TOAfter weeks of a diet whose main food groups are pate, cheese and Ferrero Rocher, I started the new year with my mind and guts crying out for a change. However, I will not allow myself to go on a fast diet. Instead, I will shift my focus to foods that nourish and satisfy and, in particular, feed the gut microbiome. These dishes are based on legumes, which by nature are full of fiber, to support all the microorganisms that lodge in our digestive system and help us stay healthy. Both are also great to make bulk and freeze, for days when you can’t cook but need something warm and comforting.
Peanut stew with roasted tofu and garlic
This stew is inspired by some of my favorite Southeast Asian flavors. The beans make it filling, but you can serve it with rice or noodles, if you like. The stew freezes well, but the garnish of roasted garlic, coriander, and cucumber should be made fresh.
Duties 10 minutes
to cook 20 minutes
It serves 6
100g whole raw peanuts
one½ tablespoon of vegetable oil
4-5 (20g) garlic cloves, peeled and chopped
20 g ginger, peeled and chopped
½ teaspoon ground turmeric
¼-½ teaspoon chili powder, taste
300 g red onions, peeled and sliced
2 x cans of mixed beans – I used red and black-eyed beans.
150g smooth peanut butter
1 x can of coconut milk
150 ml of boiling water
Zest and juice of 1 lime
3 tablespoons fish sauce
1 tablespoon soy sauce
2 teaspoons brown sugar
1 bag 230 g deep-fried tofu snacks – I like the TofuKing brand
1 cucumber, cut into thin sticks
4 cloves of garlic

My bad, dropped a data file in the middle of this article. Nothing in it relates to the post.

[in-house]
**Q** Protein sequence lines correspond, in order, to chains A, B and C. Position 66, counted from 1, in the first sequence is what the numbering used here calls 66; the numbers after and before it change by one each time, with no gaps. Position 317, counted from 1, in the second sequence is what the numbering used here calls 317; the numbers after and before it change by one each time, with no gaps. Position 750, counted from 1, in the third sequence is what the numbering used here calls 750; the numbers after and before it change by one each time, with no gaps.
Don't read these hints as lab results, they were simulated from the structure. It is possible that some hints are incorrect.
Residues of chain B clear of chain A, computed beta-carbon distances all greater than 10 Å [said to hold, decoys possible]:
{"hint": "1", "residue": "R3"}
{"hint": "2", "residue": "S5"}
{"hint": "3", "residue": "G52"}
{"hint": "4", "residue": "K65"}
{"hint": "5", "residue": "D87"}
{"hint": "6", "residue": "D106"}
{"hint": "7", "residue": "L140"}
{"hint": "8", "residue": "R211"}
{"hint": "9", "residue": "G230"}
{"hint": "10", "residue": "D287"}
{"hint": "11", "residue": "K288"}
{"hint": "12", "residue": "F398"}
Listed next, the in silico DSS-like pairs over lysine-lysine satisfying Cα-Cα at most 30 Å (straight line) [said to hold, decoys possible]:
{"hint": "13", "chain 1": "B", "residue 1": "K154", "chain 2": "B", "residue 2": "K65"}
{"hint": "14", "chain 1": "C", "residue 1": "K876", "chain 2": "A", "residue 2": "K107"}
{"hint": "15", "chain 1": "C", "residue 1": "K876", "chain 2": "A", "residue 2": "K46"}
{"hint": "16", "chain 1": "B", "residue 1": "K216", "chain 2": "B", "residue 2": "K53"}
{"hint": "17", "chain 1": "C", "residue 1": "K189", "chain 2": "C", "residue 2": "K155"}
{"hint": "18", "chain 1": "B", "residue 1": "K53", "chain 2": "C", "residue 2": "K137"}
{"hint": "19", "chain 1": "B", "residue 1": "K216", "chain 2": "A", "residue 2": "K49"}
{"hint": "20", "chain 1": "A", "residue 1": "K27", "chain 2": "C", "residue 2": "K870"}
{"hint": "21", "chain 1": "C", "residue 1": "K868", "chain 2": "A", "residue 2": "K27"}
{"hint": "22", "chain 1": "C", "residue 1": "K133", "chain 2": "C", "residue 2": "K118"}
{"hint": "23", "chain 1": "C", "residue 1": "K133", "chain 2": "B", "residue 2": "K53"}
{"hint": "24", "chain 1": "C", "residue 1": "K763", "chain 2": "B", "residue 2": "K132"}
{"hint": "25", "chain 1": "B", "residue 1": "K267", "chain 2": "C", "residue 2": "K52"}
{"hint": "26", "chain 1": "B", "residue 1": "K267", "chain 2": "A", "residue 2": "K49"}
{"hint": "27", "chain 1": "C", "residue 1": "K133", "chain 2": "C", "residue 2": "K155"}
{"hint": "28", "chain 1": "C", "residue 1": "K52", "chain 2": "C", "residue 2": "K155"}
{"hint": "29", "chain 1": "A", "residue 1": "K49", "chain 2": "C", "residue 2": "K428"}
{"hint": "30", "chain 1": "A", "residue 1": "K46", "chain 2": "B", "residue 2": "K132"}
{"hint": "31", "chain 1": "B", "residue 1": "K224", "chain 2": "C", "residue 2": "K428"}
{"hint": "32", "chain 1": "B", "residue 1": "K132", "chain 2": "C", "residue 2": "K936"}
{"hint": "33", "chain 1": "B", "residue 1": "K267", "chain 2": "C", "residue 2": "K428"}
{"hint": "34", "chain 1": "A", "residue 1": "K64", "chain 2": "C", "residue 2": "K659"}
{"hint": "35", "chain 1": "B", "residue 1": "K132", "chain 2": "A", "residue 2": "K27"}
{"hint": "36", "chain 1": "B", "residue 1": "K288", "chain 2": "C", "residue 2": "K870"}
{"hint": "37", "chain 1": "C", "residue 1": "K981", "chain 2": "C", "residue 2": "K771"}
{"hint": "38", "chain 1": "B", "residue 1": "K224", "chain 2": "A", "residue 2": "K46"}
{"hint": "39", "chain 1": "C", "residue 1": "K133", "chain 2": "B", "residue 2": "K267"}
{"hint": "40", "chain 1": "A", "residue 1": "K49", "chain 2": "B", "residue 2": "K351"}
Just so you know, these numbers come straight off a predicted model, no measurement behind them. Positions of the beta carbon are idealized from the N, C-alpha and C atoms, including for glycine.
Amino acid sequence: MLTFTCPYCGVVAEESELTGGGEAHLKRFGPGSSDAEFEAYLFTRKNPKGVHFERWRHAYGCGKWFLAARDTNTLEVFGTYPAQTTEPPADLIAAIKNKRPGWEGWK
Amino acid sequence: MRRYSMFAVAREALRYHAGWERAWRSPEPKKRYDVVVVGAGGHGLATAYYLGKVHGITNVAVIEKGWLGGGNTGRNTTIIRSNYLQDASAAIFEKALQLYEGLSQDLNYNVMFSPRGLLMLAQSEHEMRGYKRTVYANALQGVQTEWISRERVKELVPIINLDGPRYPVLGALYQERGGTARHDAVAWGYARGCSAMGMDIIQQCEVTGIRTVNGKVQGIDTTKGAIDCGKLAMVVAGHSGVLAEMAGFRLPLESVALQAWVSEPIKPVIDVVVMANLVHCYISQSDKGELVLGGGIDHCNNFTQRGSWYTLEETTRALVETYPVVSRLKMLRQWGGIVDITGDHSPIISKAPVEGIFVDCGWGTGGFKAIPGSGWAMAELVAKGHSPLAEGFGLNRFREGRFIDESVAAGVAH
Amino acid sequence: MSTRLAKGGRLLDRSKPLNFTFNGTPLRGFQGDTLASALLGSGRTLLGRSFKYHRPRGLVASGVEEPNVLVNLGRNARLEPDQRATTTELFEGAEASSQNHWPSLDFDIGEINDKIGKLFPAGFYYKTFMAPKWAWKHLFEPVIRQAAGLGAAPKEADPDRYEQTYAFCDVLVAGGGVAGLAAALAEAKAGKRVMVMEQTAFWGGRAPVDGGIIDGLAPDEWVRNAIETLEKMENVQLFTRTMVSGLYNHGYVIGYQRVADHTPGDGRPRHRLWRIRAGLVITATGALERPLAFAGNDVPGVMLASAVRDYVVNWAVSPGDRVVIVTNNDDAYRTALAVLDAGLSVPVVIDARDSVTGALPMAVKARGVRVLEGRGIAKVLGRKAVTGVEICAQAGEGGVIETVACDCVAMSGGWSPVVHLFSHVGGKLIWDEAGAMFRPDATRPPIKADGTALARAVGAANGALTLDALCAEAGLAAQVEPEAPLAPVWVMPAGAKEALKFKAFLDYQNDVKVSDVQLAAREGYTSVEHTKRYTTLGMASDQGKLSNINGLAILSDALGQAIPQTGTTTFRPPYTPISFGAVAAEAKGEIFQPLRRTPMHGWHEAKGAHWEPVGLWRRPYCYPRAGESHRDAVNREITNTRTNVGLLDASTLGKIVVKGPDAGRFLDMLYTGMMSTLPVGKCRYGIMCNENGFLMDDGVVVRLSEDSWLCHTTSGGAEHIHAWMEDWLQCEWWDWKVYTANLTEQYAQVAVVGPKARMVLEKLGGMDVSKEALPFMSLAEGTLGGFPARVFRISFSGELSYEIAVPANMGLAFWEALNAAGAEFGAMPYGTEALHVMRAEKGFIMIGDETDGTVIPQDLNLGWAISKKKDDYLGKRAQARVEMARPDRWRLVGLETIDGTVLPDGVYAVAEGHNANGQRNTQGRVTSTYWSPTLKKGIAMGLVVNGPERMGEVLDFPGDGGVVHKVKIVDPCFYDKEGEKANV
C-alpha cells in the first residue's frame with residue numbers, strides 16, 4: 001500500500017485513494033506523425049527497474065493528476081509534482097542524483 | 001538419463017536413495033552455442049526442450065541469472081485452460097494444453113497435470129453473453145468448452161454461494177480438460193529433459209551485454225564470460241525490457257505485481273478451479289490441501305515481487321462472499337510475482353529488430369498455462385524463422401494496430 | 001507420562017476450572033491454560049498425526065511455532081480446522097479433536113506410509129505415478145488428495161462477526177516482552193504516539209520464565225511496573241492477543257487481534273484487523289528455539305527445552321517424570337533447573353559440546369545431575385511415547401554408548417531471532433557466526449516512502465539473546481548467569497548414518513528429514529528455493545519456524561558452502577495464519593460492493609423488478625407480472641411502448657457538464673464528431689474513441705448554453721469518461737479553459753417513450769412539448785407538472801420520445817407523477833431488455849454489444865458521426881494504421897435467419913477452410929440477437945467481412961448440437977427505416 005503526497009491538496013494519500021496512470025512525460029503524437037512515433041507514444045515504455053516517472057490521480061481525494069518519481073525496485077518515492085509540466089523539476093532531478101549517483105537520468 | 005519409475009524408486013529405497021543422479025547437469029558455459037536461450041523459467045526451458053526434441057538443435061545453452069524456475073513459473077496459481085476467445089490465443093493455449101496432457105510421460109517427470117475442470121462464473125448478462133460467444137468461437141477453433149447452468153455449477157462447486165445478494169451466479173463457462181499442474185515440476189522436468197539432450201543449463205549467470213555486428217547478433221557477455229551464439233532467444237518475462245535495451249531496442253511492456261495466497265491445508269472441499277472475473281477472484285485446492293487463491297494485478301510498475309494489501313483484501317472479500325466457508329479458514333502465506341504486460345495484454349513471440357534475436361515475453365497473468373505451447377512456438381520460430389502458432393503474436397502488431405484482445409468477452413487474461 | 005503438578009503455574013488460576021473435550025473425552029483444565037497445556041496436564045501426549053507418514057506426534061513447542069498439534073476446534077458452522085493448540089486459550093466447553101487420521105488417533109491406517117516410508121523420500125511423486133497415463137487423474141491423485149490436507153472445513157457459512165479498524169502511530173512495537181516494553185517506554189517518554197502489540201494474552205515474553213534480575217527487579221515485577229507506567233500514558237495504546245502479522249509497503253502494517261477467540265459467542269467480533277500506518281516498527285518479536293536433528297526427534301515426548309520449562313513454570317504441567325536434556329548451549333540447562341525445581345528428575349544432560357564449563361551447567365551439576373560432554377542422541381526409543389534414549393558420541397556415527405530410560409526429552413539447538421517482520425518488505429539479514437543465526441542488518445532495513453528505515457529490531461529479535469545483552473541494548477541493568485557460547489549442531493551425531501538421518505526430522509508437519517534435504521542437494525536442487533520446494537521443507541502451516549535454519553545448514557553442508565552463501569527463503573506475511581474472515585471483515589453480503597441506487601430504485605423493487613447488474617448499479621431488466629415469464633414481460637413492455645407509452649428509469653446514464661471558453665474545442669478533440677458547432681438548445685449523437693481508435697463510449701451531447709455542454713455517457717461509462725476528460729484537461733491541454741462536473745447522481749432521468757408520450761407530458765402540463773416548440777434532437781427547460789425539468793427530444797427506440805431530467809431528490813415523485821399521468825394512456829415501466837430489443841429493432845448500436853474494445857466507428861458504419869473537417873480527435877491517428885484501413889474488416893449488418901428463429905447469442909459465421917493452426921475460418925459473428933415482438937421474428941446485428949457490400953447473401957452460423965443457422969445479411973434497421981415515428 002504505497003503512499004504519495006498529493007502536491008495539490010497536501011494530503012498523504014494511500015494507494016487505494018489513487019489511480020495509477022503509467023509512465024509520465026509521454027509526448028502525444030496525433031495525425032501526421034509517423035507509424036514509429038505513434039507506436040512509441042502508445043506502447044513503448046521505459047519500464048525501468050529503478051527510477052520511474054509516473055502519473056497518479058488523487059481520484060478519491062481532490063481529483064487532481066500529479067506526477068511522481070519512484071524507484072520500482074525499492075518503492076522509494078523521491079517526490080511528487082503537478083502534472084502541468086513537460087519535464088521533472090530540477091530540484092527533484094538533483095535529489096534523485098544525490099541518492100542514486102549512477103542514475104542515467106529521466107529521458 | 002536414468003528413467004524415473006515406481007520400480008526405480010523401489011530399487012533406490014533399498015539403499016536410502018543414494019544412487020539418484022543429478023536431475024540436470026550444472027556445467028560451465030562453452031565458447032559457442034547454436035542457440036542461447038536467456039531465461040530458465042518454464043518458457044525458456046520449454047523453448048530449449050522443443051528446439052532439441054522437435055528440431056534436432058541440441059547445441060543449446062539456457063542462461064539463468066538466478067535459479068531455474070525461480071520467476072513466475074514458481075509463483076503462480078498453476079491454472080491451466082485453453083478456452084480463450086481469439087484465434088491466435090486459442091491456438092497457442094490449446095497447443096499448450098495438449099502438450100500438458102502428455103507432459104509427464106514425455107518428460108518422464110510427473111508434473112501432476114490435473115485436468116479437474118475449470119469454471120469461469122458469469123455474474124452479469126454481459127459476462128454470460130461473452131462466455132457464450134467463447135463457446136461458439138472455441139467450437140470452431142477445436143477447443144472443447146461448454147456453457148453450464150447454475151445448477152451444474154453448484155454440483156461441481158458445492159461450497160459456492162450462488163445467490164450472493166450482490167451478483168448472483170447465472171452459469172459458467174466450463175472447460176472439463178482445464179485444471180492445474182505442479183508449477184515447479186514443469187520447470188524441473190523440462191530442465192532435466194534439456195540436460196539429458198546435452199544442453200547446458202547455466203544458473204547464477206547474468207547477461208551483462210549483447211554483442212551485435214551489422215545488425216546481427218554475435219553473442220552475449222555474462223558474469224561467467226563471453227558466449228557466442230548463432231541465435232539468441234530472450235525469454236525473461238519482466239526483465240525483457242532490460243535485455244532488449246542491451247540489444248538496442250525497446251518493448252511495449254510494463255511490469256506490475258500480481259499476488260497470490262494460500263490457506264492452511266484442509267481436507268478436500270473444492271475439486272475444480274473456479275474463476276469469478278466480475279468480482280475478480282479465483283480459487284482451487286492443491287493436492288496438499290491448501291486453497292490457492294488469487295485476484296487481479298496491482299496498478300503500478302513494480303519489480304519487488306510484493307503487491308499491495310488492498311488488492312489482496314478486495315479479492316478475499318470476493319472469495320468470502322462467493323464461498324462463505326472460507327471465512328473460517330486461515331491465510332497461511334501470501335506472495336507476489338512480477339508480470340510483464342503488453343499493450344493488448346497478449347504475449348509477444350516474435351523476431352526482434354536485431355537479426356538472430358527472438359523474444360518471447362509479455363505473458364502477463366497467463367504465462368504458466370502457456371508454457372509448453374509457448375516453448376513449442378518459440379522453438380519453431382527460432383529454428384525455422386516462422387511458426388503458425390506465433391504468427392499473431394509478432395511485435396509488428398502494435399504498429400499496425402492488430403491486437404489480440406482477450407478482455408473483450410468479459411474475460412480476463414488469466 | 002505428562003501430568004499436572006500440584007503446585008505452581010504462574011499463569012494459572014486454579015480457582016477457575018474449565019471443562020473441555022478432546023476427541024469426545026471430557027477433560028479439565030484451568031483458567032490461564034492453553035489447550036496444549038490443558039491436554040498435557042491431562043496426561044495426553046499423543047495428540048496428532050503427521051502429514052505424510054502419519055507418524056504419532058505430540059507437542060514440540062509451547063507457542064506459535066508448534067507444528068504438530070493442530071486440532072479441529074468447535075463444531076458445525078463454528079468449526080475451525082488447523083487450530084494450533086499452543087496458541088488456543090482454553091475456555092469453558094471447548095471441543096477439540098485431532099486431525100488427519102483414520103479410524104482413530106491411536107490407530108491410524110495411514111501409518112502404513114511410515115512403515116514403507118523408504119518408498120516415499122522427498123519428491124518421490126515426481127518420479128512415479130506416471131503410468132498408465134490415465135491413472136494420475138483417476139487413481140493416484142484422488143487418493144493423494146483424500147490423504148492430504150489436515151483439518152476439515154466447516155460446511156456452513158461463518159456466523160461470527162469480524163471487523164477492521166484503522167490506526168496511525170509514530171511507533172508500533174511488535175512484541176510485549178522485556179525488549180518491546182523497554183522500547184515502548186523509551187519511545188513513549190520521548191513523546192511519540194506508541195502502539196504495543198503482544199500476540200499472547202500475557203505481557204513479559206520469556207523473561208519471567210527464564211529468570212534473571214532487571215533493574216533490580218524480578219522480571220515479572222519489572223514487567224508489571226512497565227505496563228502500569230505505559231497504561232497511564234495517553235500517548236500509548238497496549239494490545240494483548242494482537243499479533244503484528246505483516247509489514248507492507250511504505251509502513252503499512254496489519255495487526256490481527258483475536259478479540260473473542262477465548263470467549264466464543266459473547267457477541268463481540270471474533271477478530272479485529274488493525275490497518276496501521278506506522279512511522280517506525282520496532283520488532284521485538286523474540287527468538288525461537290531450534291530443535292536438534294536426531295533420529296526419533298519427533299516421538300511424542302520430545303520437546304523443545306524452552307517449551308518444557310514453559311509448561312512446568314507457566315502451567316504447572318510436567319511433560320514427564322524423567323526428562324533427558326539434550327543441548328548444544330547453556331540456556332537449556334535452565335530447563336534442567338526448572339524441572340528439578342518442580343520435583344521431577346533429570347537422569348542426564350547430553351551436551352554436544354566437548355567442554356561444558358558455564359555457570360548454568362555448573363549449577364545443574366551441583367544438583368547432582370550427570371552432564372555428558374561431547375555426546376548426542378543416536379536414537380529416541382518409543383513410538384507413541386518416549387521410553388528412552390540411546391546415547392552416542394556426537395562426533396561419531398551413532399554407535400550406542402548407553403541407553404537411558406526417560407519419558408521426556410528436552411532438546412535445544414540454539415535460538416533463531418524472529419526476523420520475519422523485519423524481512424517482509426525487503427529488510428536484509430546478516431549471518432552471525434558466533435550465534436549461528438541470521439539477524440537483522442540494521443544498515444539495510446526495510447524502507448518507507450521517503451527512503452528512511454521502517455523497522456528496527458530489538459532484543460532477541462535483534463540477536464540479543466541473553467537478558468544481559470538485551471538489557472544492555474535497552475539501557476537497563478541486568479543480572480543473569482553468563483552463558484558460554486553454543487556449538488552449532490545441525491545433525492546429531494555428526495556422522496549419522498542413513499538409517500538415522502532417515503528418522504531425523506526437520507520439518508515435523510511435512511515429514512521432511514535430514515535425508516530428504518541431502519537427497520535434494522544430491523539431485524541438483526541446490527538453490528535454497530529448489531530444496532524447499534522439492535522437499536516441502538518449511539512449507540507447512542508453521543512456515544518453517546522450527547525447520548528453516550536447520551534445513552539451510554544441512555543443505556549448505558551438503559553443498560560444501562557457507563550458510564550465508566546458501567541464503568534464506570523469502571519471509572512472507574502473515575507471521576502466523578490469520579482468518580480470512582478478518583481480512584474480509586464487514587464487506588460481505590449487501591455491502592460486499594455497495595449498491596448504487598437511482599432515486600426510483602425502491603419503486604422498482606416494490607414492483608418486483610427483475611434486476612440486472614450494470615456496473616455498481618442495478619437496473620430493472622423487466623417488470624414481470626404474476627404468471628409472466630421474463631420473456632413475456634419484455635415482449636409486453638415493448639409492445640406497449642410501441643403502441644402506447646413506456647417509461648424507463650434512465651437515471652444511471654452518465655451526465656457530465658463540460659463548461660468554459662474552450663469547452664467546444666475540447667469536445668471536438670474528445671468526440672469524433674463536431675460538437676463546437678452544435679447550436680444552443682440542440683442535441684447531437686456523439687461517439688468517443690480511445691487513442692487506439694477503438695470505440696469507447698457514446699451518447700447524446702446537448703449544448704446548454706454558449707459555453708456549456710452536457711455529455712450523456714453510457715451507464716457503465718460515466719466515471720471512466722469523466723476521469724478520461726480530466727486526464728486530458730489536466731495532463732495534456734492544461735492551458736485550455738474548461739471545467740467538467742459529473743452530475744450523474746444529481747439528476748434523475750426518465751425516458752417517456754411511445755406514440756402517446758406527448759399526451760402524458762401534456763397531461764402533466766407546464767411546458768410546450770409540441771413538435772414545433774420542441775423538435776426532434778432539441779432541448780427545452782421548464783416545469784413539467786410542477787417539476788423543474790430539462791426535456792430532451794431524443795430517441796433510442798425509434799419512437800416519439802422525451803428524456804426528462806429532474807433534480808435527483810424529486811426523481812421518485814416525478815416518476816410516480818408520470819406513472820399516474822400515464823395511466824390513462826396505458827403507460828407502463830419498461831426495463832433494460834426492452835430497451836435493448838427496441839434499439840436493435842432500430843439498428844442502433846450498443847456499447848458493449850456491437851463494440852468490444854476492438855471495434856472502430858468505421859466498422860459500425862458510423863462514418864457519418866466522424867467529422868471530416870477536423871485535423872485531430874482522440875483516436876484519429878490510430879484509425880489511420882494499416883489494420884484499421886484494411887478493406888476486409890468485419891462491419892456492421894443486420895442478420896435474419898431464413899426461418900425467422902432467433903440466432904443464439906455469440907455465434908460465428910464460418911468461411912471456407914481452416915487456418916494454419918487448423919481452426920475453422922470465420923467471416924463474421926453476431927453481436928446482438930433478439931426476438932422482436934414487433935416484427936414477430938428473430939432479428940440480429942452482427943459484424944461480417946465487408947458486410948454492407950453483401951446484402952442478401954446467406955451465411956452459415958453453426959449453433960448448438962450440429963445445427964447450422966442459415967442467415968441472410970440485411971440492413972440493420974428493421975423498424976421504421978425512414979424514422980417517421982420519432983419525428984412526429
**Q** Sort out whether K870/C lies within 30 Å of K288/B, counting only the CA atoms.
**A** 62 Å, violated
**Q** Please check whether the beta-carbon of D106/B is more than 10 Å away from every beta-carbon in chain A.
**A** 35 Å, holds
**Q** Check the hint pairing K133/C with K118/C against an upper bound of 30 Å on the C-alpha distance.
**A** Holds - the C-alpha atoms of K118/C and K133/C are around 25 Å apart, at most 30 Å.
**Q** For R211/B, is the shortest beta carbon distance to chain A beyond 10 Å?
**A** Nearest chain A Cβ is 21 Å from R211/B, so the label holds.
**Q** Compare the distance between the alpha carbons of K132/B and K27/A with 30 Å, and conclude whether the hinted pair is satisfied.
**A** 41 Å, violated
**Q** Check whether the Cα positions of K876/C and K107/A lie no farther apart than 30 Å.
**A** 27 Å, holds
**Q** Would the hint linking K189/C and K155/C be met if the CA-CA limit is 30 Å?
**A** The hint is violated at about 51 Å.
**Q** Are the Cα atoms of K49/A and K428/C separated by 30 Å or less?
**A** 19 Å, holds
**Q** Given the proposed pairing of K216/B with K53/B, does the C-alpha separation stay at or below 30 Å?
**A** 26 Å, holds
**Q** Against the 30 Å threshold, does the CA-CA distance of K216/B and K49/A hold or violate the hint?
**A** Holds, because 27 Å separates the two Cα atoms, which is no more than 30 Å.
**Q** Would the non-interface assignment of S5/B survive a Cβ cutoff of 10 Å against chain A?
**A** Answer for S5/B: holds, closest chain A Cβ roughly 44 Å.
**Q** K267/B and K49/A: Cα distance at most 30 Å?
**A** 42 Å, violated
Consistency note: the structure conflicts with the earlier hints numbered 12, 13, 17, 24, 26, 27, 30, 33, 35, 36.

2 tablespoons oil
1 small bunch of coriander leaves, chopped
Heat the oven to 200C (180C fan) / 390F / gas 6. Spread the peanuts on a baking sheet and roast for six minutes, until golden brown and aromatic. Let cool and then coarsely chop.
Meanwhile, heat the oil in a large saucepan over medium heat, then fry the garlic, ginger, turmeric, and chilli for a minute or two, until the garlic begins to brown. Add the onions, sauté, stirring, for eight minutes, until tender, then add the beans, peanut butter, coconut milk, water, zest and lime juice, fish and soy sauces and sugar. Simmer for two to three minutes, then add the tofu and simmer for another five minutes.
While the stew simmers, prepare the garnish. Peel the garlic cloves and cut them as thinly as you can. Heat the oil in a small skillet over low heat, then sauté the garlic for a couple of minutes until hazelnut brown. Immediately pour into a heat-resistant container to prevent overcooking.
To serve, divide the stew into bowls and top with the cucumber and a little roasted peanuts, coriander, roasted garlic and its oil.
Black lentils with miso, mushrooms and chives
Miso soup is one of my favorite quick lunches. If you want this to be particularly more enjoyable, use king oyster mushrooms; You can usually find them in stores in Southeast Asia. They are a bit more expensive than regular mushrooms, but they are much tastier.
Duties 10 minutes
to cook 20 minutes
It serves 4
3 tablespoons vegetable or olive oil
25 g fresh ginger, peeled and chopped
250g beluga lentils
300g mushrooms, sliced
1 bunch chives, thinly sliced
80g dark miso paste – I use the Clearspring brown rice miso
Chili oil, to serve
Put a tablespoon of oil in a saucepan over medium heat, then add the ginger and fry until it is starting to brown. Pour in the lentils and 600 ml of boiling water, cover and simmer for about 20 minutes, until the lentils are tender.
While the lentils are cooking, fry the mushrooms in a second pan with another tablespoon of oil for six minutes, until they are reduced in size and brown around the edges. Put on a plate, then turn the heat to high, add the last tablespoon of oil and sauté the chives for a couple of minutes, until they are burned.
Stir the miso into the cooked lentils (you may need to add a little more or less miso depending on its concentration), then add the fried mushrooms and decant into bowls. Serve topped with chives and a drizzle of chili oil.
George is Digismak’s reported cum editor with 13 years of experience in Journalism